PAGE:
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Saturday, January 8, 2011

Planting mangroves sapling in memories of victims


(From left) Saaban Zainul, Abdullah Salleh, Meor Razak Abdul Rahman, Mohd Jamil Jahaya and Perak Jaring chairman Hashim Abdullah planting the saplings at Kampung Gula.


KUALA GULA: Sahabat Alam Malaysia (SAM) together with the West Coast Fishermen's Action Network and the Penang Inshore Fishermen Welfare Association organised a mangrove replanting exercise recently to remember the 68 victims who died in the 2004 tsunami.

In collaboration with the Peninsular Malaysia Forestry Department and the Ministry of Natural Resources and Environment, about 6,000 mangrove saplings were planted at seven locations in the country.

The locations were Pontian in Johor, Manjung and Kuala Kurau (Perak), Seberang Perai Selatan, Langkawi, Kerpan and Merbok (Kedah) with the help of fishermen and the local communities.


SAM's representative Meor Razak Abdul Rahman said one of the lessons from the tsunami was that areas covered with mangroves and other tree species acted as natural buffer zone against high waves.

Following the tsunami, the government initiated a planting programme involving mangroves and other suitable species along national coastlines.

"This programme focuses not only on tsunami-hit areas but also covers other states as well," he said.


Our focus is on rehabilitating and conserving designated coastline areas.

The country's coastline spans more than 4,600km.

"We have identified the high-risk areas and it is included in the programme. These are besides Perlis, Kedah, Penang, Perak and Selangor which were the five tsunami-affected states," he told the Northern Streets when met at the replanting exercise in Kuala Kurau, recently.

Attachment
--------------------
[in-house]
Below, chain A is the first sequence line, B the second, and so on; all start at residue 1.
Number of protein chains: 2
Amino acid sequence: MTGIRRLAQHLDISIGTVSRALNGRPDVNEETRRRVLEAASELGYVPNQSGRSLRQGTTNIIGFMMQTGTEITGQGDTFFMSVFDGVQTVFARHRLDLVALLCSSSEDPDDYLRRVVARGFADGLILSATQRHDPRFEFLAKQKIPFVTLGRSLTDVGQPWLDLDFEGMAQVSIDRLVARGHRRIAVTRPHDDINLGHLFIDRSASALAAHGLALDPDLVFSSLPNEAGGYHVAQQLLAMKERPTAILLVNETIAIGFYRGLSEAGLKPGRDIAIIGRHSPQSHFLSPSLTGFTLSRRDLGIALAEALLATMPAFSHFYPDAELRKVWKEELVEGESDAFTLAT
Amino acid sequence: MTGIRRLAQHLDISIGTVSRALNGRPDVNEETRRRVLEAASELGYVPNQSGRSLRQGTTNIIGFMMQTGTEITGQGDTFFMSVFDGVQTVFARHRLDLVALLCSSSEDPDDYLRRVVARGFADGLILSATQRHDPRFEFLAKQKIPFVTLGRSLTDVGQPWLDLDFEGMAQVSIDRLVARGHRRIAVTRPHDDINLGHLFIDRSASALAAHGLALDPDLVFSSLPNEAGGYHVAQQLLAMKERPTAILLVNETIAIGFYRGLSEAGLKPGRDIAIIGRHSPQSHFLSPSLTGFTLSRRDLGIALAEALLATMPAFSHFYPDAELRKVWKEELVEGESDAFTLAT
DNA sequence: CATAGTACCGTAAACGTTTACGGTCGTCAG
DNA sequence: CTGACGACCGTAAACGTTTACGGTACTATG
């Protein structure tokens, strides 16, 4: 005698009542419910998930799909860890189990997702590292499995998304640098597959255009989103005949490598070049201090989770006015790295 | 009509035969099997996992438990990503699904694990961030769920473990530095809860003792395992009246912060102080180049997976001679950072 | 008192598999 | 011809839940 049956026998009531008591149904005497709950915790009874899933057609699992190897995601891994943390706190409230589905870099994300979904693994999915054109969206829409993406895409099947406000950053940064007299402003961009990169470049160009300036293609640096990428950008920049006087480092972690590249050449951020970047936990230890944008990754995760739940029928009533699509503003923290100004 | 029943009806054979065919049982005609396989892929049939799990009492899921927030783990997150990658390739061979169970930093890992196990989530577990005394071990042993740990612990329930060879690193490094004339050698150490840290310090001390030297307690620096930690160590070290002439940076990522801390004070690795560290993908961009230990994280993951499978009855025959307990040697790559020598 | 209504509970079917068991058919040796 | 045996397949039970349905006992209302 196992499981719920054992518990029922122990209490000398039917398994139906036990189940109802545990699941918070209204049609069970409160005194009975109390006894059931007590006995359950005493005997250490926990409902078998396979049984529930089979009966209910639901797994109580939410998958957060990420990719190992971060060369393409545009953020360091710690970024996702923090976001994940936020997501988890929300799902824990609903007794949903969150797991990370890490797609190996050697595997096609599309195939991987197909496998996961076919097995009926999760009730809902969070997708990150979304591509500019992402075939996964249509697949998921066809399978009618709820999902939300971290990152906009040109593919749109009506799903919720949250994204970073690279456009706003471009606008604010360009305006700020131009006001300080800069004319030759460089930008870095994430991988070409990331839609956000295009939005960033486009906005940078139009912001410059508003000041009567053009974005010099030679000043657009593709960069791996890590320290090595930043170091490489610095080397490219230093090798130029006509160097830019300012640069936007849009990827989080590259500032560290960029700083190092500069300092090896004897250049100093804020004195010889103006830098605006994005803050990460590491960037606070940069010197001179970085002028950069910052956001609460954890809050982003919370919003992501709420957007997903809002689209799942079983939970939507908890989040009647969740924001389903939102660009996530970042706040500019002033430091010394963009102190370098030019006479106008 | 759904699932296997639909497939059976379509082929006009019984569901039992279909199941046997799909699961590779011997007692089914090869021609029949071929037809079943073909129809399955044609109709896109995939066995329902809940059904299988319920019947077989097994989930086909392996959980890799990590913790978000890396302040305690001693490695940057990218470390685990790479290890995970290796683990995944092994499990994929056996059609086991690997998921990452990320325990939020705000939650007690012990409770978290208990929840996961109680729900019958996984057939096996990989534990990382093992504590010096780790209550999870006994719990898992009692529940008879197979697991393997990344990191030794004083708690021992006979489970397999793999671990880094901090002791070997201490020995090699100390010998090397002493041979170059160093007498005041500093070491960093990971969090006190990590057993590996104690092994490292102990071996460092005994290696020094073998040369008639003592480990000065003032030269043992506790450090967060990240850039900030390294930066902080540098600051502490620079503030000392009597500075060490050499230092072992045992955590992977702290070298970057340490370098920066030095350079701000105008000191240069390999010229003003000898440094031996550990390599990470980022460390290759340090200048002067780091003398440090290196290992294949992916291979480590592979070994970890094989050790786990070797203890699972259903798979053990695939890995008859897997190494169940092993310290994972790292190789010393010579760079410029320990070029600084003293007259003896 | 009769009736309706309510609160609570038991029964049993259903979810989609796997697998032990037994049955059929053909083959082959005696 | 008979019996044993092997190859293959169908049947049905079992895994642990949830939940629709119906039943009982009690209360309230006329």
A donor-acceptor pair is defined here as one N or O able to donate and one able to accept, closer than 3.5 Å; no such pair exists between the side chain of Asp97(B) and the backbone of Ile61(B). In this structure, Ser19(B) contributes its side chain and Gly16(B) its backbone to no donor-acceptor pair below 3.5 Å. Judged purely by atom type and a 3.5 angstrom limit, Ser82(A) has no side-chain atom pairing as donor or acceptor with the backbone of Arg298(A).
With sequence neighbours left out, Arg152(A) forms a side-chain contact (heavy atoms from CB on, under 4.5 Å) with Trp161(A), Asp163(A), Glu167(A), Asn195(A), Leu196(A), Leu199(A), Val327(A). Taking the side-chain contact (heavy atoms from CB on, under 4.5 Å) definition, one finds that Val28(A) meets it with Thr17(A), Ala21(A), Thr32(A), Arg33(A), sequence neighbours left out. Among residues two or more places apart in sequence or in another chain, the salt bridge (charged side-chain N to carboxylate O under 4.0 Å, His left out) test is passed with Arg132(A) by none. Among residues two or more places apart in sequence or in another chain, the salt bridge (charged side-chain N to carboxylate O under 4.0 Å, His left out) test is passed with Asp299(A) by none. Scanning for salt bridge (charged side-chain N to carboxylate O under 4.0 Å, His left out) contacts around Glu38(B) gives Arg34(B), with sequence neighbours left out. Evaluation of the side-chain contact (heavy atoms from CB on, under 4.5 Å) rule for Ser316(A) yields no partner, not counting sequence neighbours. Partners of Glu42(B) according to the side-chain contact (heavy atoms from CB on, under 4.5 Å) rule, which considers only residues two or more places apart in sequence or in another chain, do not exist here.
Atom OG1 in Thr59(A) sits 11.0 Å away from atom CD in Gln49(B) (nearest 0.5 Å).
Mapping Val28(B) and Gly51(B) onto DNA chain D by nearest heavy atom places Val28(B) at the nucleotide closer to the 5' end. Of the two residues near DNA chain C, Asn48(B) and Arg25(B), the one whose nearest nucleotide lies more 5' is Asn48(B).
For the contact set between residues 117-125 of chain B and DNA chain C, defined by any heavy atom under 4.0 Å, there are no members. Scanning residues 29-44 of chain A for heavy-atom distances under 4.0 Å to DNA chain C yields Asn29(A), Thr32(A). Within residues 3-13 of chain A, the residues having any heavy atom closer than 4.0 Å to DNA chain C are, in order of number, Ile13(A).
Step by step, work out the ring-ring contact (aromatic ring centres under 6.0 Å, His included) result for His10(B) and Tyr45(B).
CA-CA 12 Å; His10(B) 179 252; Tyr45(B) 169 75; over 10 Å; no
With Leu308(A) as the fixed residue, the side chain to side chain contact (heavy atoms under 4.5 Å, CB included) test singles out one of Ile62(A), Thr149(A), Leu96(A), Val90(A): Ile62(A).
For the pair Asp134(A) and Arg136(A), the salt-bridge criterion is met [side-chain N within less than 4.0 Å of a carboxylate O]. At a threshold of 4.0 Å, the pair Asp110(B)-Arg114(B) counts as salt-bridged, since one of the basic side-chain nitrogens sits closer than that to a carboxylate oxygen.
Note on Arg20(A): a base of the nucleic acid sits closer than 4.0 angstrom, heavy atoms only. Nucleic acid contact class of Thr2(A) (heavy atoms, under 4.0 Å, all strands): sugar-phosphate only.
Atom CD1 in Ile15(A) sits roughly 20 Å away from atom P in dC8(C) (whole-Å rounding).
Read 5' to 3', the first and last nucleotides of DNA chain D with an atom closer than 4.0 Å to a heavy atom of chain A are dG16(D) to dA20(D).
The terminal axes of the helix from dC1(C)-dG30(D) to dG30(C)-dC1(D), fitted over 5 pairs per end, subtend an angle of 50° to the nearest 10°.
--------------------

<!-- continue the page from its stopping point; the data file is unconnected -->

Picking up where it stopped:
Between 2005 and last year, Meor said five million mangrove saplings were planted at 290 sites covering an area of 1,819ha nationwide under the government's programme.

He said besides natural challenges such as soil condition, weather, water level and tidal flow and plant survivability, the preservation of mangrove forest also face challenges due to land tenure ownership, unplanned land development, pests and diseases, vandalism and pollution.

"We are continuously organising campaigns to increase awareness on importance of coastline conservation besides getting more people engaged in conservation works," he said.

Meor said besides stabilising buffer zones against strong waves and erosions the replanting programme had benefited and protected approximately 60 villages along the coastlines.

"The mangrove riverine system also provides fish, shrimps, cockles and crabs which the villagers depend on to earn their living," said Meor, adding that the coastal dwellers, locals and other members of the public are continuously encouraged to participate in tree-planting activities carried out by SAM and its partners.

Source: New Straits Times

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